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IMF chief: 2013 is make-or-break year for eurozone

  • 'We have to tackle inequality in our societies and promote women,' Lagarde said (Photo: World Economic Forum)

International Monetary Fund (IMF) chief Christine Lagarde has said that eurozone leaders should "keep the momentum" of reforms like the banking union, as recession is now forecast to linger on in 2013.

"2013 will be a make or break year. The biggest risks are in the developed countries - Japan, the eurozone and the US, there are threats if they don't keep up the momentum," Lagarde said on Wednesday (23 January) during her speech at the World Economic Forum in the Swiss resort of Davos.

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Earlier that day, the IMF revised its global growth forecast, giving a more pessimistic outlook than three months ago: instead of a 0.1 percent increase in the eurozone this year, the Washington-based lending body now predicts a recession of 0.2 percent.

Lagarde said it was important for the eurozone to have a functional banking union in place as soon as possible, in reference to current negotiations on setting up a single supervisor for banks, to be hosted by the European Central Bank.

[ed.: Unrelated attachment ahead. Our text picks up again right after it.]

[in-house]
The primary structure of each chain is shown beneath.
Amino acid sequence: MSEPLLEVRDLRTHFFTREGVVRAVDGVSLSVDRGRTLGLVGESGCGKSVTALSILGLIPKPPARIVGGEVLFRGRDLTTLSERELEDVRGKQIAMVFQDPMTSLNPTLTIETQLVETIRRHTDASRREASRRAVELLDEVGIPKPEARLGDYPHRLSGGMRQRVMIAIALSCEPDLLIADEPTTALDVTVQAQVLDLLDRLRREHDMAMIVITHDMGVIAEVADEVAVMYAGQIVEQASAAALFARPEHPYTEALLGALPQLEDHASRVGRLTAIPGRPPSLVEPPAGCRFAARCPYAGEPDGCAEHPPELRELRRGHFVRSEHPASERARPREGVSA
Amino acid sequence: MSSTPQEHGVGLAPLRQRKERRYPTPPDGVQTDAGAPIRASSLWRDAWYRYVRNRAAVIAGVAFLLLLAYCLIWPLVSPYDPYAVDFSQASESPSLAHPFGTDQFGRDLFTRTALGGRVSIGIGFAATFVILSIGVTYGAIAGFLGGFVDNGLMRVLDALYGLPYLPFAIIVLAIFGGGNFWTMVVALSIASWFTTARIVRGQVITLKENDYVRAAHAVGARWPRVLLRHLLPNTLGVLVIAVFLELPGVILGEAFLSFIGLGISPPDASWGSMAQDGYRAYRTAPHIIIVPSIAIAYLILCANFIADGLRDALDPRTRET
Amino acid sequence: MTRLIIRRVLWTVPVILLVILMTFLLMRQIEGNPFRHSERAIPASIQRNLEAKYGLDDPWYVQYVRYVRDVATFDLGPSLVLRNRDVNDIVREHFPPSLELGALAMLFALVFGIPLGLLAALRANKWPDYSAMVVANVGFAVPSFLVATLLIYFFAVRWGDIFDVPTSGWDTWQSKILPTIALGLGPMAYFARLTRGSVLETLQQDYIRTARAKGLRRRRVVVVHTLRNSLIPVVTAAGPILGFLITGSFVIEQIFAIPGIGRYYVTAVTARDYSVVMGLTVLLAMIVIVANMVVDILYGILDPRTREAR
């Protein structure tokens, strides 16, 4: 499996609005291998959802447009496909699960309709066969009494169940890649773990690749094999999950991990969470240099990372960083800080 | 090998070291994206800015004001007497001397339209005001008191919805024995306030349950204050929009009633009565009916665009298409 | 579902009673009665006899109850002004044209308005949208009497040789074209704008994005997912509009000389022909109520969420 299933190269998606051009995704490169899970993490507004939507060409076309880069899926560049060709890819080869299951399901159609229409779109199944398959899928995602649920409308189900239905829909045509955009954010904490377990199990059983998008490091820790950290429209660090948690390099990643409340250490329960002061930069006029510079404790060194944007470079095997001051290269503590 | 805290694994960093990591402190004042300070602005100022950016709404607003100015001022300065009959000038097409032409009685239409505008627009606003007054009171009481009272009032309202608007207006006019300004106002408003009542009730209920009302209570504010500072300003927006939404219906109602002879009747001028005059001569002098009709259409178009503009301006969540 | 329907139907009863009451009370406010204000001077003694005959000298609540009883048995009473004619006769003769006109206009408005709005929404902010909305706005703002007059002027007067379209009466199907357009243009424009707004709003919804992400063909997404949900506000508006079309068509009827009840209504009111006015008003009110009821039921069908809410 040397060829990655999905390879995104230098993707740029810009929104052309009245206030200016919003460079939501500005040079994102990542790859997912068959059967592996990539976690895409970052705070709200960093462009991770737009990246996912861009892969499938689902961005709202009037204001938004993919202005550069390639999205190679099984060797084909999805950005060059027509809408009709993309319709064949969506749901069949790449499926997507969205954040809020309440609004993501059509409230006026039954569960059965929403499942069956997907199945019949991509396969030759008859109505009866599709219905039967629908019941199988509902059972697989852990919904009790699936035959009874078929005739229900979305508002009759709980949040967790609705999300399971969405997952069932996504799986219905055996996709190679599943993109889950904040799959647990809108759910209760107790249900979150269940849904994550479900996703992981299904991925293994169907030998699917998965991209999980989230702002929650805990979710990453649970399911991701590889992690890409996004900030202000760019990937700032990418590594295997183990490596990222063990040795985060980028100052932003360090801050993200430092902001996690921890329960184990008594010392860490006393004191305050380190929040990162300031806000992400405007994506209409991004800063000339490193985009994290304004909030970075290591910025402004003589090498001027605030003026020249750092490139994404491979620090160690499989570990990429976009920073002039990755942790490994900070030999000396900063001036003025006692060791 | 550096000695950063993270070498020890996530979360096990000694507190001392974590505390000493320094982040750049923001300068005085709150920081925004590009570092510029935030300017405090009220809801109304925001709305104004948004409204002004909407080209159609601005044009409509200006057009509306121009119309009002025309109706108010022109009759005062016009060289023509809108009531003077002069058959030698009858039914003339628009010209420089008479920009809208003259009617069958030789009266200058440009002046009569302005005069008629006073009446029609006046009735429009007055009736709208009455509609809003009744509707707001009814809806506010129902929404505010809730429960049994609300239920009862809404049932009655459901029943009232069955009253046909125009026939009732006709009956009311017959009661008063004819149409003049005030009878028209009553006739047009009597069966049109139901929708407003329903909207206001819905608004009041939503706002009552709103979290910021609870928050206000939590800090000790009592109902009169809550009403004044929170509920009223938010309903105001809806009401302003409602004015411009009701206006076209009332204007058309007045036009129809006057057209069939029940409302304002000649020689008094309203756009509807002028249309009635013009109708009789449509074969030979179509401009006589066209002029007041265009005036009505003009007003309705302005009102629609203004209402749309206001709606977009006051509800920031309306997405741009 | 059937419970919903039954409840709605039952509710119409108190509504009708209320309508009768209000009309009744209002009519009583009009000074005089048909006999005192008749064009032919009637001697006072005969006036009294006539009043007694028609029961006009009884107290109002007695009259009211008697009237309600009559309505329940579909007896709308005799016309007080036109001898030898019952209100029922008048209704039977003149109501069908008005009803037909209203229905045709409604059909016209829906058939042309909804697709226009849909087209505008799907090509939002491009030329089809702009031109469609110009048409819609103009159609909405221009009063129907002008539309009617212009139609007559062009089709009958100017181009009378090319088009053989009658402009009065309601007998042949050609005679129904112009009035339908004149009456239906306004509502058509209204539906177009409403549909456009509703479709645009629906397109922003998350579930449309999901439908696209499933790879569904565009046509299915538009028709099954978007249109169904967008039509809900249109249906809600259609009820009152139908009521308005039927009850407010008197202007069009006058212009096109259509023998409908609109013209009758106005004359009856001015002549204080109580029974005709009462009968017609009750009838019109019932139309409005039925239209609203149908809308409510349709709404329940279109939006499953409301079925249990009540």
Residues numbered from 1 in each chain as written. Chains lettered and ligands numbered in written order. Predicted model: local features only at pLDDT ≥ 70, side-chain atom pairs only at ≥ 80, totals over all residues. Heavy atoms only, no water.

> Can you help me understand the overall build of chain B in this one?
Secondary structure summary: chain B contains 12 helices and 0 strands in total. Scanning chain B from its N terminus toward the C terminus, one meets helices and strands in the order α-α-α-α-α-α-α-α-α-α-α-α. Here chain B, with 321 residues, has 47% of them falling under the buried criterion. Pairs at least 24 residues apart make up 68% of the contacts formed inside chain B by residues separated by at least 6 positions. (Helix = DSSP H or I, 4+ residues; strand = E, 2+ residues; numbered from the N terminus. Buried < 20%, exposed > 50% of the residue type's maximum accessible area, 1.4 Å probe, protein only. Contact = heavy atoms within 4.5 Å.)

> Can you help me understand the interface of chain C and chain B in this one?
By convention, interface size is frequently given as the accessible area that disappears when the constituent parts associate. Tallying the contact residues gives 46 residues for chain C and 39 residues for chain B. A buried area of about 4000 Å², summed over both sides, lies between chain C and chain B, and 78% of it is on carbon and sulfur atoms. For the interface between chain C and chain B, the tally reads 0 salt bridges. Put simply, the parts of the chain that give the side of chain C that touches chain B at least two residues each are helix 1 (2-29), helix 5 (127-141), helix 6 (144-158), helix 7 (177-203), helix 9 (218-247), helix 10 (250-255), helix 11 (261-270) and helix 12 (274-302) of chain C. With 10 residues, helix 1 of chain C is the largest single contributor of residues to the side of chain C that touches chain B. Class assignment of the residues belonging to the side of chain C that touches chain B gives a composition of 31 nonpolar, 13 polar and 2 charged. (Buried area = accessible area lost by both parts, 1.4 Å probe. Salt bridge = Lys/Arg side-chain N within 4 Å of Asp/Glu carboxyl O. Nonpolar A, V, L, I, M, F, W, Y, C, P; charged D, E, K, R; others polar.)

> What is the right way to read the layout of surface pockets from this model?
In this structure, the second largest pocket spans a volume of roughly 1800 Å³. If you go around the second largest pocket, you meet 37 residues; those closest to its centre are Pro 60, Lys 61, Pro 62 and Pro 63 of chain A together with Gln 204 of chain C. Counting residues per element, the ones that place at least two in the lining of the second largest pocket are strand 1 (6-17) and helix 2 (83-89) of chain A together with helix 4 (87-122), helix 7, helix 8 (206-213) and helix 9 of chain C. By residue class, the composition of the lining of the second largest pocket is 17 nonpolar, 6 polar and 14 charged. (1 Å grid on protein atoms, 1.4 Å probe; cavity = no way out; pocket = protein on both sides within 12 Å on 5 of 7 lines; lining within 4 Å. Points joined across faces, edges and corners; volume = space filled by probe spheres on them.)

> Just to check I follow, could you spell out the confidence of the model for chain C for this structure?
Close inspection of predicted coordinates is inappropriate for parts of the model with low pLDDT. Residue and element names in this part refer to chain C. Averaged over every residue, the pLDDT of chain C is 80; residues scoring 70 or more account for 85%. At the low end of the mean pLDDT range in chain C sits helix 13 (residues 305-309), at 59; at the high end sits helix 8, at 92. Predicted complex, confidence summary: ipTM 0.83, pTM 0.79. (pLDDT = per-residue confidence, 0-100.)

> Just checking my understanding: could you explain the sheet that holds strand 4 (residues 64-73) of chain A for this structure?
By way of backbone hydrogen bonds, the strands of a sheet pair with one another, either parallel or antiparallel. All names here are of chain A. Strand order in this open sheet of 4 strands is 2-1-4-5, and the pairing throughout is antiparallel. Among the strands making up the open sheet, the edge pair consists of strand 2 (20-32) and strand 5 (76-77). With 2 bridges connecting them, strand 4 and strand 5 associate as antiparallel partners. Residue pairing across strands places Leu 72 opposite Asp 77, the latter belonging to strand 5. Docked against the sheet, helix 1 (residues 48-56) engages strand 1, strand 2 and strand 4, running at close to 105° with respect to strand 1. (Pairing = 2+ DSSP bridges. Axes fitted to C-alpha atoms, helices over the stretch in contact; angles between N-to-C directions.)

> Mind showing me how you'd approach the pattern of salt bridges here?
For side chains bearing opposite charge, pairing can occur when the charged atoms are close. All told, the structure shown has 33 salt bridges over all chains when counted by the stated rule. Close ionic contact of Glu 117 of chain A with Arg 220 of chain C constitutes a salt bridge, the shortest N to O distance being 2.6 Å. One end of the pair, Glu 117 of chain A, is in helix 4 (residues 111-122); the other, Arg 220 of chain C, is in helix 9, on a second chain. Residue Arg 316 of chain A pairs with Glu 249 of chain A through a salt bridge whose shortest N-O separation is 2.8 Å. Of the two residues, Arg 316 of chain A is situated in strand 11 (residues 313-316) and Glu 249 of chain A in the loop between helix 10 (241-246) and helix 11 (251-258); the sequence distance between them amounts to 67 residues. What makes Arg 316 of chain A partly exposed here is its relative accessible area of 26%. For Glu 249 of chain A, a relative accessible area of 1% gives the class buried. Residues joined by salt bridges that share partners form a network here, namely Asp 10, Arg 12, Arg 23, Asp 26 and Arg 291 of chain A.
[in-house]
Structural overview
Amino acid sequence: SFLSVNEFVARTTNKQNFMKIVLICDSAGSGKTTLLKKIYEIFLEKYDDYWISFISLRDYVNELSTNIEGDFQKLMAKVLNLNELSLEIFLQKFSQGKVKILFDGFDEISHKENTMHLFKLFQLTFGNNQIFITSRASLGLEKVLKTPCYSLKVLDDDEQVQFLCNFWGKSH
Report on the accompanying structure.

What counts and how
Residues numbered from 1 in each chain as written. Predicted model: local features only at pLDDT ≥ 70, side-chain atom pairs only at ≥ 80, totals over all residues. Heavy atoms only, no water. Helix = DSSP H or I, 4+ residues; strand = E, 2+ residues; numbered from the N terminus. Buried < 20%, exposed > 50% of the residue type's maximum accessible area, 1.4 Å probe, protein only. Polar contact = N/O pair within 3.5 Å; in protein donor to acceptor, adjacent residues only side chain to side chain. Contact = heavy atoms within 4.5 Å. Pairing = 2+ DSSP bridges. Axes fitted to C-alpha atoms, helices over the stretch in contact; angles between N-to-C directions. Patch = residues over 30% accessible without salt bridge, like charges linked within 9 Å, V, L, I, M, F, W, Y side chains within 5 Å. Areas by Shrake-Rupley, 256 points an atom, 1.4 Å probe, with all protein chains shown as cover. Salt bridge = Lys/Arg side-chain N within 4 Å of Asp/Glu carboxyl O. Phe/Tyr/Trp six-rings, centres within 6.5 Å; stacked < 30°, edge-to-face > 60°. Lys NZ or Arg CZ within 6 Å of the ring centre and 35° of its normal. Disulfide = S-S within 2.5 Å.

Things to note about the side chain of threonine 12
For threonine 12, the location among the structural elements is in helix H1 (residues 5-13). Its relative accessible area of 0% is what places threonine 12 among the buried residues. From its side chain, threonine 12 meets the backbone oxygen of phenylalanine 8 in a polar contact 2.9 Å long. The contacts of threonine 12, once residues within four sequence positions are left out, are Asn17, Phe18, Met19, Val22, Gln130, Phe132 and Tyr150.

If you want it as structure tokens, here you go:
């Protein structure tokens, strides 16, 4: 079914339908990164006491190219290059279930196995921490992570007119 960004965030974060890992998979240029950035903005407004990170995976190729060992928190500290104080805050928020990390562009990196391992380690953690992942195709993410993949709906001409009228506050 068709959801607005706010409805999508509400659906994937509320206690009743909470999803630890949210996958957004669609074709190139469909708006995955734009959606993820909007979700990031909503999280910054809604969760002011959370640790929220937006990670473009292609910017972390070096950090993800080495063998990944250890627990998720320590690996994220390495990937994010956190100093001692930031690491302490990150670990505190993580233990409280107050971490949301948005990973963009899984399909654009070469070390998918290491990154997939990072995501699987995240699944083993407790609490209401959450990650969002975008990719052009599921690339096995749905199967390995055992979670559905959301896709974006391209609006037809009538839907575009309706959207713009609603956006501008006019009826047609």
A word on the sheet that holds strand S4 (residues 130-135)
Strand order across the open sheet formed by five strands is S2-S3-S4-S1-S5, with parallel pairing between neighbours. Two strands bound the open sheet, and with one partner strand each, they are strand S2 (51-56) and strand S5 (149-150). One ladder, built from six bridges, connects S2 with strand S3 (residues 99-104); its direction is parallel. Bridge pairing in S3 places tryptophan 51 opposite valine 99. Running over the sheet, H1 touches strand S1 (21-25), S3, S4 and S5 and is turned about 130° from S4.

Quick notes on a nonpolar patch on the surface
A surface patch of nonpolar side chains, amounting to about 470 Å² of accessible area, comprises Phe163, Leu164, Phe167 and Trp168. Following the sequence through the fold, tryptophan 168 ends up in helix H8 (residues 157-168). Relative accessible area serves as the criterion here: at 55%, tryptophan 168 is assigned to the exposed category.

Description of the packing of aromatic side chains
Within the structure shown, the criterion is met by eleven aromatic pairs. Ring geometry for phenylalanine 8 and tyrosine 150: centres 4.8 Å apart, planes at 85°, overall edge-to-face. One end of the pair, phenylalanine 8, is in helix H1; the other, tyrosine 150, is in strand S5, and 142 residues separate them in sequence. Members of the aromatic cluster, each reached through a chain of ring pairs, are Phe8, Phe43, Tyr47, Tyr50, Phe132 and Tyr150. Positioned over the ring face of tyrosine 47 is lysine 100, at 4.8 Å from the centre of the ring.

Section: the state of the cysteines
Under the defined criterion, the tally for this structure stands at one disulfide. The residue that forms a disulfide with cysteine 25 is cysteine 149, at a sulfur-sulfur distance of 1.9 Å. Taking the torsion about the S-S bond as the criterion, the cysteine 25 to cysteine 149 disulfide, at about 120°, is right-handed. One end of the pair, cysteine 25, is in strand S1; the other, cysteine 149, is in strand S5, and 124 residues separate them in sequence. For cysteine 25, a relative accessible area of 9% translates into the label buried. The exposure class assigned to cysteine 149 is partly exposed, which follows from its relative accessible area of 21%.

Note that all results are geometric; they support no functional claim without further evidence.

"Fiscal consolidation, however painful it may be in some areas of the eurozone, must continue, as well as a clear focus on jobs," Lagarde said.

She repeated what top economists at the IMF admitted in a study earlier this month - that "policy makers did not pay enough attention to inequality" and focused too much on spending cuts at the expense of the most vulnerable in the society.

"What is less clear is how to achieve that inclusive growth. Minimum wages can also work sometimes, but if there is any priority, it should be youth employment," she said.

Over half of young people in Greece and Spain are out of a job, as national economies continue to shrink, the fourth year of recession for Greece and the second for Spain.

Lagarde, a former French finance minister under whose leadership the IMF has become more sympathetic to social woes, criticised the vested interests and corrupt networks in the financial sector, saying they were at the root of the 2008 financial crisis.

"Too much activity was hidden away in shadowy corners. Things have changed, but we need further and better changes in 2013, to finish up the financial sector reform, for instance on shadow banking and derivatives," she noted.

The EU is struggling to strengthen rules for the financial sector, but critics say the new laws have been watered down by lobbying from banks and investment funds.

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